So let’s explore why a simple box of dry pasta is such a beloved staple.
A box of dry pasta has the powerful combination of subtle wheaty aroma and chewable meaty texture. This subtle flavor acts as a foundation for flavorful sauces — think puttanesca or the simpler aglio e olio. Piquant tastes merge into the porous noodles to convey flavor to the brain, and that combination of texture and taste is what makes a food craveable. Often it’s texture that causes us to fork up that tenth mouthful of the same dish. Mouthfeel is primal and, oh, so hard to describe.
In the Italian kitchen, texture is rarely discussed, but it’s there fueling our desire to wind up a few more strands of pasta on the fork. It’s what makes children purse their lips and suck that slippery strand of spaghetti into their mouths, thereby fueling an addiction that will last a lifetime. It is why al dente is such a prized quality in pasta — and why it is so poorly understood away from its mother-ship culture.
What is al dente, and why is it such a prized texture in Italian pasta land?
The perfect texture of cooked pasta is so elusive that it might be easier to describe what it isn’t. For example, a flaccid, overcooked noodle that doesn’t need teeth to chew it would not be al dente. Similarly, a crunchy noodle that is so undercooked that it doesn’t bend isn’t on point either.
When you cook pasta for a living — standing in front of the piece of restaurant equipment that is a waist-high boiling box of water — you know al dente when you see it. Al dente is the precise moment the pasta relaxes into a full bend. When you dip your tongs into the water and grab a few strands, you know. If you were to pinch one of those strands in two, you would see a pinpoint dot of as-yet-uncooked white; that’s the moment to drain and sauce the pasta. By the time you get the pasta to the table and eaters start forking it up, that dot is cooked through and the noodle is perfect.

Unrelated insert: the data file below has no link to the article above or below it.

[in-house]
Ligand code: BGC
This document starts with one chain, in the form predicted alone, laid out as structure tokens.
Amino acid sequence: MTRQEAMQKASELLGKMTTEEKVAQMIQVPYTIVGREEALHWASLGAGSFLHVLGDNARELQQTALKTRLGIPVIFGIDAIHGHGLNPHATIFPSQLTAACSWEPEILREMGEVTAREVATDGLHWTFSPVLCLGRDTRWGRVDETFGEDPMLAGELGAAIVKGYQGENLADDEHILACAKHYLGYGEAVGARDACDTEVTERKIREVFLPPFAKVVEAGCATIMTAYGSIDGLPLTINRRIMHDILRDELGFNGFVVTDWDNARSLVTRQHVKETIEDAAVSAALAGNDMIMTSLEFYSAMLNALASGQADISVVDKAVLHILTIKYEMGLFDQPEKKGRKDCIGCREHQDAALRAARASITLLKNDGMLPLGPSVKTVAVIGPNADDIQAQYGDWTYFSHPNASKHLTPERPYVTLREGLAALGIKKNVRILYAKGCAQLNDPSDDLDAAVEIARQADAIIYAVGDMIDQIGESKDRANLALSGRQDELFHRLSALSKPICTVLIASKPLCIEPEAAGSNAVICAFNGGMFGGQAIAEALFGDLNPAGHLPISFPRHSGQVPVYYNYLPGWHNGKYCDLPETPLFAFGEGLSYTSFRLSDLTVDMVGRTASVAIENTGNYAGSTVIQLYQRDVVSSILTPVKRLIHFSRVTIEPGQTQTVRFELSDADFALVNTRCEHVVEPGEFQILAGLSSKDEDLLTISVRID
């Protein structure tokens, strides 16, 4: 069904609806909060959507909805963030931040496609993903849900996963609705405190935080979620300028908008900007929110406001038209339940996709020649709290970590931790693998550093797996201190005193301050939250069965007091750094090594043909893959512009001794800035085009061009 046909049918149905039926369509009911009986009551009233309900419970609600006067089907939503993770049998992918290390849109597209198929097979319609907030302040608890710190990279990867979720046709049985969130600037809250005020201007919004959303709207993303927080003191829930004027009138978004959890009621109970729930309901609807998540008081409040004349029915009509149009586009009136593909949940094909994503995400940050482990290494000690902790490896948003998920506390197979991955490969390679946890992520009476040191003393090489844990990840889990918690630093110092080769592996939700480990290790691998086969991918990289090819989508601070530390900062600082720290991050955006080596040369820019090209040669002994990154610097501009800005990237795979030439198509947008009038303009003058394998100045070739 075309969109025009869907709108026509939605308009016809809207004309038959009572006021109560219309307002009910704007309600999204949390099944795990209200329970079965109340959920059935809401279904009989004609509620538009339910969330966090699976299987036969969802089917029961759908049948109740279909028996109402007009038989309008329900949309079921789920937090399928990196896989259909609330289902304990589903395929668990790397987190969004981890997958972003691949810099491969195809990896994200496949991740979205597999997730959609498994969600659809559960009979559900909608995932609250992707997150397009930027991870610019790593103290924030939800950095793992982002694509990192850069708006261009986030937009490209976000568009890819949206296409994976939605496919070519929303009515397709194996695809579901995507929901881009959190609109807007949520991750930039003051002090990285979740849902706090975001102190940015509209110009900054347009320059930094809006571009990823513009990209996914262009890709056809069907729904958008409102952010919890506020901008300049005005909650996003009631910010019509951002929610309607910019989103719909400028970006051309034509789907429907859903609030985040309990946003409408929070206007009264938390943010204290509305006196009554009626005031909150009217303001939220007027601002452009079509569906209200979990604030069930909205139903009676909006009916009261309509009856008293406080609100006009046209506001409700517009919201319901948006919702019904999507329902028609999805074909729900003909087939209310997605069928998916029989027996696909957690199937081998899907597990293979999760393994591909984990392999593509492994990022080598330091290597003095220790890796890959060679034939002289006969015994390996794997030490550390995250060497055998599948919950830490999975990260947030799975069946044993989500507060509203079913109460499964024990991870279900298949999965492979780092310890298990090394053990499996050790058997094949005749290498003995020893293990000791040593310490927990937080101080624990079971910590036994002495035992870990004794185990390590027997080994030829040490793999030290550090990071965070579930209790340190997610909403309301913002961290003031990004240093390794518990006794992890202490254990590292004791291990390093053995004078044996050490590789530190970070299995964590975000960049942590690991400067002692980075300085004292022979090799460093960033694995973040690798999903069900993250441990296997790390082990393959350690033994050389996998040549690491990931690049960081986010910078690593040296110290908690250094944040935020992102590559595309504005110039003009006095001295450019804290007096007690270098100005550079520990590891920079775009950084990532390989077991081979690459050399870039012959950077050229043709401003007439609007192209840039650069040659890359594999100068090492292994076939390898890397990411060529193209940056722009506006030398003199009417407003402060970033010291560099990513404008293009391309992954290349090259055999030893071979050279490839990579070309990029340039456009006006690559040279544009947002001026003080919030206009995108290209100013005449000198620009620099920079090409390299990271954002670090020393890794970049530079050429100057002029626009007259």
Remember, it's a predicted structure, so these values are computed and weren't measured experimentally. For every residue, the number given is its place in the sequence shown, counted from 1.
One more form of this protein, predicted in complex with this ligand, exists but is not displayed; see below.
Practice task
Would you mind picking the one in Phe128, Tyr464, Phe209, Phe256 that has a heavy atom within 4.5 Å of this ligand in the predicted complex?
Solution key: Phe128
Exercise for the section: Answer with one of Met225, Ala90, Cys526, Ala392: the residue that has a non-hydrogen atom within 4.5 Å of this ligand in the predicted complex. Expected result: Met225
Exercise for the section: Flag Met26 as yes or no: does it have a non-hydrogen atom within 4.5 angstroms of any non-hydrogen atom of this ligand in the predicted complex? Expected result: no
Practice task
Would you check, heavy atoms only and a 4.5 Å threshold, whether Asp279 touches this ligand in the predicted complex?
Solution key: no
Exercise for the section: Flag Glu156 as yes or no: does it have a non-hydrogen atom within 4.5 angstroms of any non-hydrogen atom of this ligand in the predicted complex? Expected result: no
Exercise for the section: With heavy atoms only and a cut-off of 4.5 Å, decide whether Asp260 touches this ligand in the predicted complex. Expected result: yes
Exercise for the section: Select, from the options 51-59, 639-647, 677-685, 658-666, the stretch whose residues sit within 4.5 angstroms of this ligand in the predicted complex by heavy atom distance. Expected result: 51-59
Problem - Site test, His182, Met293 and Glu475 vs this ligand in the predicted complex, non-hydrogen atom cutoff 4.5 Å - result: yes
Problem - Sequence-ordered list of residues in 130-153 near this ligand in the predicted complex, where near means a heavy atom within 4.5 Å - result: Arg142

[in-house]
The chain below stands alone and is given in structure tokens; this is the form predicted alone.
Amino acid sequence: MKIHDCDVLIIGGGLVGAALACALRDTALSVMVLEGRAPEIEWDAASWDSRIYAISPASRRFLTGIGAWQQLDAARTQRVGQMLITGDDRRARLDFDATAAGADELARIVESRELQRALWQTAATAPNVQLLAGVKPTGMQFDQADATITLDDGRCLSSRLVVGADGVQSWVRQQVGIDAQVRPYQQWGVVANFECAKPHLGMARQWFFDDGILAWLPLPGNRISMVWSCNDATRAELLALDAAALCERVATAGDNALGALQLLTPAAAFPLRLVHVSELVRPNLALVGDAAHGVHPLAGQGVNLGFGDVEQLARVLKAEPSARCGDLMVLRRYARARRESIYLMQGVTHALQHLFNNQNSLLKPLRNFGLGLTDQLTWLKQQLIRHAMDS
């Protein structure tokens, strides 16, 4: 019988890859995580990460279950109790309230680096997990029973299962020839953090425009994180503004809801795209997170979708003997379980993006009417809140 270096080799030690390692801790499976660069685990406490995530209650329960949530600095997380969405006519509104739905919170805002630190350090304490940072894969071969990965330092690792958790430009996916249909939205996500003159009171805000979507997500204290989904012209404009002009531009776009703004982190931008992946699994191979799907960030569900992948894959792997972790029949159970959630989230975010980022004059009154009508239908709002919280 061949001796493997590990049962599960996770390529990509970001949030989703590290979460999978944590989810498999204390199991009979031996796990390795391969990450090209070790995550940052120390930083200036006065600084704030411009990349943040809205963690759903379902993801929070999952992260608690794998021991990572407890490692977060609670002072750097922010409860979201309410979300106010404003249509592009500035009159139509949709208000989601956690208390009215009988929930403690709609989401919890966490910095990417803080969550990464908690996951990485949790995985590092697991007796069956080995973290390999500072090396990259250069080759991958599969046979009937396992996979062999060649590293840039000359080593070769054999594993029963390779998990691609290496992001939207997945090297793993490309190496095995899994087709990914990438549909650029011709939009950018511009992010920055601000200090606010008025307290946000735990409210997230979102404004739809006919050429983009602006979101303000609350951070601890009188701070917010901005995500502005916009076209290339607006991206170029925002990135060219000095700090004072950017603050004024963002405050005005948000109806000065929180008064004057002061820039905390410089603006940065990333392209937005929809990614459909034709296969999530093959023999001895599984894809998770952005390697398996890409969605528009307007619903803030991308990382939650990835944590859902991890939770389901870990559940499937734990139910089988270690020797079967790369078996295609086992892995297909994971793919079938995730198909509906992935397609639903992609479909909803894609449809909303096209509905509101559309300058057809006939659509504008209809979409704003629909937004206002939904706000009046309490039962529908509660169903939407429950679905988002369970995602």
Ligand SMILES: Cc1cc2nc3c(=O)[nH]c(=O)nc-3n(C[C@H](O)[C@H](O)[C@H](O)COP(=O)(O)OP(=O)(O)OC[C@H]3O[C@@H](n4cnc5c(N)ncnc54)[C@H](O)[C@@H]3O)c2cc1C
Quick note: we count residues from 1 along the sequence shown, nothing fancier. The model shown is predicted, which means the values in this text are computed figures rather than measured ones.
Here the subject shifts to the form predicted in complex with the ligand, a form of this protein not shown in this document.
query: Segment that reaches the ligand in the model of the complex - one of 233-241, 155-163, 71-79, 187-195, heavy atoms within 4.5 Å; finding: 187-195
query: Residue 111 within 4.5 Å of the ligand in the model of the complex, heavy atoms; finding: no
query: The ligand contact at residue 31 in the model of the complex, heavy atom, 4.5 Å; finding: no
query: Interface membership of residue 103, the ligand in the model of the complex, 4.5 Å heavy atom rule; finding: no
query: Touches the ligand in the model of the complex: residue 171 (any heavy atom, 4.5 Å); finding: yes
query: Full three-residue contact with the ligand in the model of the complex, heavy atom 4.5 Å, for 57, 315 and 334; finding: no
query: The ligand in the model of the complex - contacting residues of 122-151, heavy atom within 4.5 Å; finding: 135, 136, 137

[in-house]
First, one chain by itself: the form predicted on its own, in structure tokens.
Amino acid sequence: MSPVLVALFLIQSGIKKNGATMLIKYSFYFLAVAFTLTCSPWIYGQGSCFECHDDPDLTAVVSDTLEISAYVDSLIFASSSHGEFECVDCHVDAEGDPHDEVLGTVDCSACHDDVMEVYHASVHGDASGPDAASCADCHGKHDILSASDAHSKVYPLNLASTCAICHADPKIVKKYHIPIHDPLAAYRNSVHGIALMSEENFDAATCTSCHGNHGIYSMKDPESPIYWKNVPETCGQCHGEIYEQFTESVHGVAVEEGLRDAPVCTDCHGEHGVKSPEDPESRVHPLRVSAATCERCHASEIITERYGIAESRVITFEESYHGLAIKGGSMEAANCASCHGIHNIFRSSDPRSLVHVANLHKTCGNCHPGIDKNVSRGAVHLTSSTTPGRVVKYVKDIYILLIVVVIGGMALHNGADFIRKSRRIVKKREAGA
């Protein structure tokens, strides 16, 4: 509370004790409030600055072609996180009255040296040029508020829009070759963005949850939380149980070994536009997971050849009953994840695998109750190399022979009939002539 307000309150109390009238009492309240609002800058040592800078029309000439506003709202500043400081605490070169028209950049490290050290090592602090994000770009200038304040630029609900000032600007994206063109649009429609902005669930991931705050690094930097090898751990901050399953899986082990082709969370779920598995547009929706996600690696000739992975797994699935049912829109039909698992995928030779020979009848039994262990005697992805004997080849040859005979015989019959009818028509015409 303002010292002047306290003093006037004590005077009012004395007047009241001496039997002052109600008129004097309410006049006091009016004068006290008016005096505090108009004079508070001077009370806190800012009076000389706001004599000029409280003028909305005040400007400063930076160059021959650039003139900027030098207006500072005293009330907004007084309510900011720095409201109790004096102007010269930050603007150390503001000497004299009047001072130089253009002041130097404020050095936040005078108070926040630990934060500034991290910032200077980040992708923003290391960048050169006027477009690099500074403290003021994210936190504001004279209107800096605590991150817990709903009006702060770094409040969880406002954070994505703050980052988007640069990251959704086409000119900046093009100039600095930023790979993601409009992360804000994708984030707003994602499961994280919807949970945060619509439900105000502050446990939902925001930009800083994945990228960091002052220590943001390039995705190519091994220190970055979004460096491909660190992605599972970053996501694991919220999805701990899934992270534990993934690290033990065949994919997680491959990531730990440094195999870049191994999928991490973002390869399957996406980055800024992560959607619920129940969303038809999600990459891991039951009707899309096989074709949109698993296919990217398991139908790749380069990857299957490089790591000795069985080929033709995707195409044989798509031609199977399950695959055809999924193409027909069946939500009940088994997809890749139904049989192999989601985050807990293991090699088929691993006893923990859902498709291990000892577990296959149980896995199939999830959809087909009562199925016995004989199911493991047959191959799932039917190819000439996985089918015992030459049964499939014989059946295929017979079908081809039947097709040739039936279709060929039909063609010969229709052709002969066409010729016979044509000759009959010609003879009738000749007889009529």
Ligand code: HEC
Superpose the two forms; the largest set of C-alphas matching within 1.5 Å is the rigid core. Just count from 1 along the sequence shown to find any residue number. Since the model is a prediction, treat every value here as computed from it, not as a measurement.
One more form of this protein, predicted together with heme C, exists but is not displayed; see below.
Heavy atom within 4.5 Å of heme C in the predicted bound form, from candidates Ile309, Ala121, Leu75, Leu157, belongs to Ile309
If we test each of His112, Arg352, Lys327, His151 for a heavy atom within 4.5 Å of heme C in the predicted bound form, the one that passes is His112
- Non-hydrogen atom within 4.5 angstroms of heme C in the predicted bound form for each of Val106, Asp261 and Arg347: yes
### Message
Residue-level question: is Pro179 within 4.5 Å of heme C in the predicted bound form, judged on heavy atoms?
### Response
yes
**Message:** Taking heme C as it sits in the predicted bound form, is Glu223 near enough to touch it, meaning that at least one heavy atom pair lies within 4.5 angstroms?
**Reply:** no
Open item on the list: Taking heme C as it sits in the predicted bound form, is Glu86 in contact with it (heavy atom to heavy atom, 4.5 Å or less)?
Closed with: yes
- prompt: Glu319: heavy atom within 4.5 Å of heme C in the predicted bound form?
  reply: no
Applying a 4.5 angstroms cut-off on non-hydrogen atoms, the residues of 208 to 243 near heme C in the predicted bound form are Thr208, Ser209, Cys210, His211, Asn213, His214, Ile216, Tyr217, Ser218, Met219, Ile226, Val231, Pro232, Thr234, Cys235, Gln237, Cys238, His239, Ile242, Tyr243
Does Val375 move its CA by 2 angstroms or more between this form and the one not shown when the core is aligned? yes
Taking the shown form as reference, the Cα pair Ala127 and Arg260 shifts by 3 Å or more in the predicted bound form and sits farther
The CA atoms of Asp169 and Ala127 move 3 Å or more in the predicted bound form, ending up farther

Al dente literally means “of the tooth.” And this is the one instance for which the word “toothsome” is the perfect definition. Good dry pasta cooked al dente and lightly sauced is at once a vehicle for the flavors absorbed into its porous cells and a triumph of satisfying texture. It is chewable yet yielding, slithery yet not soft. It is perfect.
The sauce to best show off the attributes of great dry pasta is that triumph of simplicity, aglio e olio, the classic no-sauce sauce of garlic, oil and chile. Even if the chile pepper — or, in Italian, peperoncino — is not included in the title, it is assumed to be in the dish, not there for spice, exactly, but to enliven the dish. (If you’ve been wondering how to pronounce aglio correctly, it’s a-yee-oh.)
Aglio e elio is more a condiment than an actual sauce and as such requires that each component be at its best. The olive oil should be extra virgin and pressed within the last year. The garlic cloves must be fat and unsprouted. If you’re making the dish in spring, use freshly harvested new garlic bulbs that haven’t yet been dried. Add a small chile or a pinch of good dried chile flakes. I add a squeeze of lemon, a pinch of salt and a bit of chopped parsley to make the pasta pop. It’s the perfect template to embellish, perhaps with a can of tuna or a couple of sweet shrimp or a bit of crab that you’ve sautéed in butter or oil. Or just eat on a warm day accompanied by a glass of chilled wine and a crisp salad.
And if you want to watch a great aglio e olio being made, check out the movie “Chef” and the scene in which Jon Favreau’s character makes Roy Choi’s version of the dish for Scarlett Johansson’s character. The first time I saw it, I thought Choi had been reading my mind.
Kleiman ran Angeli Caffe for 27 years. She’s the longtime host of KCRW-FM’s “Good Food” and a member of the James Beard Foundation’s Who’s Who of Food & Beverage in America.